The IFAW’s annual Animal Action Awards ceremony was hosted at the House of Lords by Baroness Gale on Tuesday this week and the awards were presented by naturalist and broadcaster Bill Oddie. Ann has unfortunately been very unwell, so her daughter, Rosie, collected the award on Ann’s behalf.


Read about the award in the Daily Express and the Elmbridge Guardian.

A really big thank you to everyone who took the time and voted for Ann who is extremely deserving of the award after all her years of rescuing animals and running Katz Castle. 

This acknowledgement of her work has been a big boost to Ann, and to all the volunteers at the shelter too. We also hope the publicity will mean that we can find new forever homes for even more of the lovely cats we have who are waiting to be adopted.

Photo: © IFAW/Peter Stevens

Opening hours

Closed Monday and Tuesday

Wednesday to Friday: 10am – 1pm; 2pm – 4pm

Saturday: 10am – 12pm


Dates we are closed this year:

  • April 18th  – Good Friday
  • April 20th – Easter Sunday
  • April 21st – Easter Monday
  • May 5th – May Day
  • May 26th – Spring Holiday
  • August 25th – Late Summer Holiday
  • December 24th – Christmas Eve
  • December 25th – Christmas Day
  • December 26th – Boxing Day
  • January 1st – New Years Day



Contact us

Do you have comments or questions about our animal shelter or boarding cattery? Would you like to receive our newsletter or make a donation?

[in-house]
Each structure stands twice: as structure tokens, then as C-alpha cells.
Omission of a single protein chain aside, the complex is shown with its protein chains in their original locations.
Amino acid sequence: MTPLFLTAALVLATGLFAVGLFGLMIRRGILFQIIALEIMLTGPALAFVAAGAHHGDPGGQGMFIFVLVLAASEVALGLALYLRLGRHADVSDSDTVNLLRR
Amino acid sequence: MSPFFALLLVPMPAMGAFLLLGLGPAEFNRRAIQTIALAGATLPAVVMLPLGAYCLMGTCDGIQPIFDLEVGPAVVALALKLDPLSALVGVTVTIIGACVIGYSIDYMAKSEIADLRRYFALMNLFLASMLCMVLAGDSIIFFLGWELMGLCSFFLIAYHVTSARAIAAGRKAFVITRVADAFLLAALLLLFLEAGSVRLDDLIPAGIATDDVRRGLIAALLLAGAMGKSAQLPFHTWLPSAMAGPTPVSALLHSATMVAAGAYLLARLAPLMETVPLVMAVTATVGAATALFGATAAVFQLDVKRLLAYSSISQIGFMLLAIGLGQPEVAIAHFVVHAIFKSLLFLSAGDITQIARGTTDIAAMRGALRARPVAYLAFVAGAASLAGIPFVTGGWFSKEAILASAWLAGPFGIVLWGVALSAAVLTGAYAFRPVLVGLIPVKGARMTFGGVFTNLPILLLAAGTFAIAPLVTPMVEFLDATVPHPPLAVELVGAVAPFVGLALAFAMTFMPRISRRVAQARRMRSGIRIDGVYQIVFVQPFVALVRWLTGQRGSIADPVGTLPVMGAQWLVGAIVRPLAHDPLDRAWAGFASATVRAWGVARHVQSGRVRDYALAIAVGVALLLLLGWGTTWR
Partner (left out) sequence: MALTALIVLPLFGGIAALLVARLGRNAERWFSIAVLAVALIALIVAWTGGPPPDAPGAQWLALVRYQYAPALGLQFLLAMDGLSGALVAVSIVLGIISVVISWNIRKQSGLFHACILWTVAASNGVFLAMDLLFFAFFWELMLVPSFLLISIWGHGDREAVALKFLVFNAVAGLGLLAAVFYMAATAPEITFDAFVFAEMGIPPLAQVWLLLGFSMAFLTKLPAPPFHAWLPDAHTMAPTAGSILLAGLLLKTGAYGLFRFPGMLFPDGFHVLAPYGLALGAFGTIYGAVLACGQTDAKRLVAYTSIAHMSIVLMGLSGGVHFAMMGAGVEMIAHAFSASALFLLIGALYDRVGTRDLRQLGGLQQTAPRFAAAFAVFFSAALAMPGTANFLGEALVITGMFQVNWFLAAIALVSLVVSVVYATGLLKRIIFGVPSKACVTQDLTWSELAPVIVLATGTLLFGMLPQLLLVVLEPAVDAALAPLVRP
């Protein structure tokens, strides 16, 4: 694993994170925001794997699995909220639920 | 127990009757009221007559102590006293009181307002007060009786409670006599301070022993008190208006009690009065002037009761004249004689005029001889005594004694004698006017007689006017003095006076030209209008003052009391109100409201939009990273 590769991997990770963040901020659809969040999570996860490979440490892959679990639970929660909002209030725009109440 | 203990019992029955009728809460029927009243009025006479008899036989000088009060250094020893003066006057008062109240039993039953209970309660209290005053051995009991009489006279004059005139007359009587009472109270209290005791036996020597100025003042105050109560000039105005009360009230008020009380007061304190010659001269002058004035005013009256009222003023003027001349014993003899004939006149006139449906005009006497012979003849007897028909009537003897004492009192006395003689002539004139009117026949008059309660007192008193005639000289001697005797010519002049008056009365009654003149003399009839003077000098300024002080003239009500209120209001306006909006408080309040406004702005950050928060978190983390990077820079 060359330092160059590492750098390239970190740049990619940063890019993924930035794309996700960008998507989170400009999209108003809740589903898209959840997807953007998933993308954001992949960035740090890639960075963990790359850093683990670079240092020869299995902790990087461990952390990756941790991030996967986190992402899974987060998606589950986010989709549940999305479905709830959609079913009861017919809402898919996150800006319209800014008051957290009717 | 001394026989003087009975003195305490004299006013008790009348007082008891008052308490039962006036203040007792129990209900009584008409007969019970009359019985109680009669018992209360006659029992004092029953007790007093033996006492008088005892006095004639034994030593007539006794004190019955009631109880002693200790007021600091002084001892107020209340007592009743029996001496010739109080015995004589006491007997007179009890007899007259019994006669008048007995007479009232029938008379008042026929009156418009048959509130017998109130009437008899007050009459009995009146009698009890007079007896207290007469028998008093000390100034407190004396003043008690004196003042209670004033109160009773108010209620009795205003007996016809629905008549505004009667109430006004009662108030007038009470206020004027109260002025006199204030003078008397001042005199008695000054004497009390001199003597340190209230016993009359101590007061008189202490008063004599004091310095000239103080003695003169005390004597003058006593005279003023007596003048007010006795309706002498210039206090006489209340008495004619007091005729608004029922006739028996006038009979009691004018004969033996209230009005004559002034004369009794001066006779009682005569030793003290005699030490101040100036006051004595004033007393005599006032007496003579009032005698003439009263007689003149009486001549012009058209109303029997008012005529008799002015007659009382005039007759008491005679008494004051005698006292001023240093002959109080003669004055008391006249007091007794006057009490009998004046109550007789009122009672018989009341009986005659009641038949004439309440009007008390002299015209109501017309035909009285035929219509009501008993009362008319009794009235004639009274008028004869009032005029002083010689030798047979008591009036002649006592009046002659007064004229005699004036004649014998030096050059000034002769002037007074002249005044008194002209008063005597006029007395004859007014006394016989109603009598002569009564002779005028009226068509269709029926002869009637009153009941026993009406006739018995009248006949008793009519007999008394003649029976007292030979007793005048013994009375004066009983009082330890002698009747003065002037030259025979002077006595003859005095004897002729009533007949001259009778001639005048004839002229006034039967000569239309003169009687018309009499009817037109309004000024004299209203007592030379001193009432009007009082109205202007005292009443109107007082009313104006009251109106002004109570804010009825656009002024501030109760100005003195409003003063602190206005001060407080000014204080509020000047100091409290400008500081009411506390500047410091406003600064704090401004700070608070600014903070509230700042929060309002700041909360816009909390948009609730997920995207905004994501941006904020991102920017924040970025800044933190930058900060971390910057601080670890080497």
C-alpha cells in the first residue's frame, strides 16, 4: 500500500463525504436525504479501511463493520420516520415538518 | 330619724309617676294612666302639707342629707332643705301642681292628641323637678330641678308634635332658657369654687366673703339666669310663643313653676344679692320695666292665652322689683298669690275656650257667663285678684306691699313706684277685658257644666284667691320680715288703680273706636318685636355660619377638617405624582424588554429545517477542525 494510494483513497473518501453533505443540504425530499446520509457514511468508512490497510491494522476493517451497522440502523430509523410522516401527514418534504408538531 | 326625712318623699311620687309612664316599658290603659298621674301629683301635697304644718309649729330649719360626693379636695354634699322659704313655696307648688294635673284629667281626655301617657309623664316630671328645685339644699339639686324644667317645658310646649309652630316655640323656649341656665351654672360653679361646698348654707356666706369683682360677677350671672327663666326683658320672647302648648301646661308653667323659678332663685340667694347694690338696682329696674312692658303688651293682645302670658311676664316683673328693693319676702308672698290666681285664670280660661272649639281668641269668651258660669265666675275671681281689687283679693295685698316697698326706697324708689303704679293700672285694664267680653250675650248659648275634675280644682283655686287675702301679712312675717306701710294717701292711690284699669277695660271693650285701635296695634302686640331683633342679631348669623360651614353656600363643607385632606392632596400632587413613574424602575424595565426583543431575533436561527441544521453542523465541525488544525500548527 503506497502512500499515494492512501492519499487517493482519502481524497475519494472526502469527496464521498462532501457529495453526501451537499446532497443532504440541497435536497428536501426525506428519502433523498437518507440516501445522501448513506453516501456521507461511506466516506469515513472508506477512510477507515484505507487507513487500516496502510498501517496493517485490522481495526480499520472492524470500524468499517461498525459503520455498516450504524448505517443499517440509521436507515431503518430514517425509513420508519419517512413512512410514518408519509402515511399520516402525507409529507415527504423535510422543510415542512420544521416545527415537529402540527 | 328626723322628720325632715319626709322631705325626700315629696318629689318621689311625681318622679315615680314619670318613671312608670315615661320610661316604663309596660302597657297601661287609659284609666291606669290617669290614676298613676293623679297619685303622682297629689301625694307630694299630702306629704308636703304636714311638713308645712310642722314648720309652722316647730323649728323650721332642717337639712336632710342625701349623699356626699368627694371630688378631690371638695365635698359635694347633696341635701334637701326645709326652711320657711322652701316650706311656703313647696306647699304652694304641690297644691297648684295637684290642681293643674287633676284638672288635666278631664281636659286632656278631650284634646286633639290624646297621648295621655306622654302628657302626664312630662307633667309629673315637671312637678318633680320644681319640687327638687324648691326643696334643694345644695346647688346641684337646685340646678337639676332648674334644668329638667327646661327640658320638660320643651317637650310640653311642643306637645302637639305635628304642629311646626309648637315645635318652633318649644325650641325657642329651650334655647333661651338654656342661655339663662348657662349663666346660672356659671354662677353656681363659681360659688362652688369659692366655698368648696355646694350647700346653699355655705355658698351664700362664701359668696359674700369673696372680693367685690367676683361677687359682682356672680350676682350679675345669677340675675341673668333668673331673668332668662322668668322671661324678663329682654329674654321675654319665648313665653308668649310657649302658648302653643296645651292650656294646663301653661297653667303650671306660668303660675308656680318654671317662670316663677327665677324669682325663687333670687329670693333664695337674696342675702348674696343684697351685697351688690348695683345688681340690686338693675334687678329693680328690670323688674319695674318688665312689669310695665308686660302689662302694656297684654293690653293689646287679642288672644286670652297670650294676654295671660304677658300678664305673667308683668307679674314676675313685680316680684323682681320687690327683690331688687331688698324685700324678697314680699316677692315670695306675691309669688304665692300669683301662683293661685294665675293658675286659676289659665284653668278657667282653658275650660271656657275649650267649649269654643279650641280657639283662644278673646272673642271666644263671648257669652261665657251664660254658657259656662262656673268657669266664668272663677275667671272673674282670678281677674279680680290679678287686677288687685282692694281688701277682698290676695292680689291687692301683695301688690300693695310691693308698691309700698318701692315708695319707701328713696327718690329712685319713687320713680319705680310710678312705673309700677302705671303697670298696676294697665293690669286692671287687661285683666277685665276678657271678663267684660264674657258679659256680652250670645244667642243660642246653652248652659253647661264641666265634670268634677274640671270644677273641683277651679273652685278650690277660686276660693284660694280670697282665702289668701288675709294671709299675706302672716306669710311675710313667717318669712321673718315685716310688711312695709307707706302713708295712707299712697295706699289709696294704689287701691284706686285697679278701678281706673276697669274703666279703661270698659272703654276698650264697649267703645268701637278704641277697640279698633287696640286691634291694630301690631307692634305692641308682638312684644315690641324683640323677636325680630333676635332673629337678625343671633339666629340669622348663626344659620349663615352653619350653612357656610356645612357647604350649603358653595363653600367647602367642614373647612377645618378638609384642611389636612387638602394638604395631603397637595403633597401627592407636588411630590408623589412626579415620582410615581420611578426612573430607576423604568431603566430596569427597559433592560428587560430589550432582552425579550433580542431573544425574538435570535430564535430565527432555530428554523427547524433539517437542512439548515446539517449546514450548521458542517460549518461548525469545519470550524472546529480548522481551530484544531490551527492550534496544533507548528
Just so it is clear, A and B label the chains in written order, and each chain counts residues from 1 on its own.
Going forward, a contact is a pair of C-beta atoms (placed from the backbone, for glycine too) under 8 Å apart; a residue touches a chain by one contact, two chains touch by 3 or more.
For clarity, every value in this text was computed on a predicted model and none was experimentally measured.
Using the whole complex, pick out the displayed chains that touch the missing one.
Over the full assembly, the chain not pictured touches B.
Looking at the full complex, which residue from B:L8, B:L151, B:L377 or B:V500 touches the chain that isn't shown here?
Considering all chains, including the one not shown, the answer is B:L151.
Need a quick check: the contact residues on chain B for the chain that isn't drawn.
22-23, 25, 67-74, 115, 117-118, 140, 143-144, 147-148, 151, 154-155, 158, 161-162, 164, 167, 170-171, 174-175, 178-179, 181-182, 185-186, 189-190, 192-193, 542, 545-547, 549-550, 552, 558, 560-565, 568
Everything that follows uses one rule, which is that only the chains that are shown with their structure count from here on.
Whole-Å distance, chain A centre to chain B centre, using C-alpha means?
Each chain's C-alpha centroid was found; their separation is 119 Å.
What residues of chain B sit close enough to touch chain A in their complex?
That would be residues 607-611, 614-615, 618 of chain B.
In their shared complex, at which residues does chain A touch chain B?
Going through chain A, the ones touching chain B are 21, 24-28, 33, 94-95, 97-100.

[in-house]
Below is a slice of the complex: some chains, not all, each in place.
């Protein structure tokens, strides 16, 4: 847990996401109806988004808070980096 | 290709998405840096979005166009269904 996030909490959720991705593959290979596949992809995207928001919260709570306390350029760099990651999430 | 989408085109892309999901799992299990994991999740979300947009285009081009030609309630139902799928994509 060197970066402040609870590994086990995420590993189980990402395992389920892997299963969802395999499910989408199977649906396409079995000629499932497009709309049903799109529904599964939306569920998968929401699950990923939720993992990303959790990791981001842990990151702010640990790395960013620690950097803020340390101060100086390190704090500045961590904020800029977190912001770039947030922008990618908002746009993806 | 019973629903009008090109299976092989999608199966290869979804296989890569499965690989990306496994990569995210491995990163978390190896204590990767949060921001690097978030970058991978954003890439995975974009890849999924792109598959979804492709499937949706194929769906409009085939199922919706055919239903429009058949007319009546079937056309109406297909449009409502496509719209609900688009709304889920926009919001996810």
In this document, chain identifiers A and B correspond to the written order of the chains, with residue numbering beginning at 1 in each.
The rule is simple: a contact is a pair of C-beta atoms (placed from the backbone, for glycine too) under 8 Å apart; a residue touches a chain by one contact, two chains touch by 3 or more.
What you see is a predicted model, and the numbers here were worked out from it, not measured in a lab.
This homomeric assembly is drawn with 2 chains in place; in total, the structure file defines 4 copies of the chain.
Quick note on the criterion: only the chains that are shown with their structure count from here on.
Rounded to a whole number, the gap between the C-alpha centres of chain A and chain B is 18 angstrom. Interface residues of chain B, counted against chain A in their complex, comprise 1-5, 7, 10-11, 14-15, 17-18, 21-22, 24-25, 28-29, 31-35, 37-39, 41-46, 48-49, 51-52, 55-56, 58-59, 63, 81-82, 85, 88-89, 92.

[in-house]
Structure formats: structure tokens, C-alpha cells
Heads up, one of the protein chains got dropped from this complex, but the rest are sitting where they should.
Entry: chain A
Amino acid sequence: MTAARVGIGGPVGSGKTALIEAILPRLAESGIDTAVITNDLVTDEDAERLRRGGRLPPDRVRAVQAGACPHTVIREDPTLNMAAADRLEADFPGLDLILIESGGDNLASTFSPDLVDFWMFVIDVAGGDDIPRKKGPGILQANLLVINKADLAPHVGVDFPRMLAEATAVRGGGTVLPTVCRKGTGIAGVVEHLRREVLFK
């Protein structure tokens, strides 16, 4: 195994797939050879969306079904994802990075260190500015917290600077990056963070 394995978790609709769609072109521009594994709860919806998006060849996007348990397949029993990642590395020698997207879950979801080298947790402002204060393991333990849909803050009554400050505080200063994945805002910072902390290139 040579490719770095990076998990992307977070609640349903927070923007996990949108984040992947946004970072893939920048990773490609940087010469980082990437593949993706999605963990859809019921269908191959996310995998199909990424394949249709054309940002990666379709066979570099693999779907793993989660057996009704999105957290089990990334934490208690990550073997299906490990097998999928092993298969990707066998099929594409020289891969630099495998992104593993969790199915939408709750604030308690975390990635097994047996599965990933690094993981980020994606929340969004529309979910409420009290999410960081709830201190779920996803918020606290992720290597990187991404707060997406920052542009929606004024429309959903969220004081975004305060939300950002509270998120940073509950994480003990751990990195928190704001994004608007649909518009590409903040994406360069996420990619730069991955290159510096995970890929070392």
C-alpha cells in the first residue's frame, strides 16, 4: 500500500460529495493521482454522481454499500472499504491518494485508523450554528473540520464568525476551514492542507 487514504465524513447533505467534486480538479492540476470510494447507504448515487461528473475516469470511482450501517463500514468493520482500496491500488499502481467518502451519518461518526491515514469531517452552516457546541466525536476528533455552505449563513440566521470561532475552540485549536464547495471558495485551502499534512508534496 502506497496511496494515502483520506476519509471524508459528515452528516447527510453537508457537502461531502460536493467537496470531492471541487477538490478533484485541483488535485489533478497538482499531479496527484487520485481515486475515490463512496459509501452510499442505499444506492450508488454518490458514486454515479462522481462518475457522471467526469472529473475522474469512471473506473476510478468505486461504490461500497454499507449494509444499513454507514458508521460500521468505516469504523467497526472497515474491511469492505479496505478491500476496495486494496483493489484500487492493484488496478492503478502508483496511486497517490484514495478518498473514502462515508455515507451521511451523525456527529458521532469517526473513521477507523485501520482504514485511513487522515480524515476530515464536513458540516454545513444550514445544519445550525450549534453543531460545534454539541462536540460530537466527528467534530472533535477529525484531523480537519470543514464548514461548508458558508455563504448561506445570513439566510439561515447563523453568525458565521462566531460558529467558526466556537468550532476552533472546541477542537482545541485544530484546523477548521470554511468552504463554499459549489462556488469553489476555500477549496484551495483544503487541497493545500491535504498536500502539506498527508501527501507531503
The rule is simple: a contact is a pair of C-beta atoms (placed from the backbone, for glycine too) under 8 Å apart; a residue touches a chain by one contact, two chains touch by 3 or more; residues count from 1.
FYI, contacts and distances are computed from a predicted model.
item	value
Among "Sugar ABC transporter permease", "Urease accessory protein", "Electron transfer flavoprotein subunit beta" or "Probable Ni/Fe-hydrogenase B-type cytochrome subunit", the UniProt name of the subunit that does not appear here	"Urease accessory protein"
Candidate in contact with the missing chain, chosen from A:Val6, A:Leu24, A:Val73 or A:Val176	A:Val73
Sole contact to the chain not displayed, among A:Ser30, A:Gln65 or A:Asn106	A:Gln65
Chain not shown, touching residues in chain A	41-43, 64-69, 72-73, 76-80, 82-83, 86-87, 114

The quickest way to get in touch is by giving us a call on 01932 864232. 

You can also email us: 


but we are always busy with the cats so calling is best.

Our address is: 

Katz Castle Animal Shelter
Redhill Rd
KT11 1EF

History of Katz Castle

Ann Knowles is the owner and driving force behind Katz Castle. Ann has dedicated her life to providing shelter and comfort to the thousands of animals (not just cats) that have passed through the gates of Katz Castle over the last 40 or so years. Here she explains how it all began:


“Well I suppose it all began right back at the end of the war when it was decided to take part in the reconstruction of bombed institutions and the demolishing of dangerous buildings. Soon, this work showed an amazing population of cats that lived in the various holes and corners.

At that point in time the founders of Katz Castle were determined to do their little bit to improve the very sad environment these cats now found themselves in.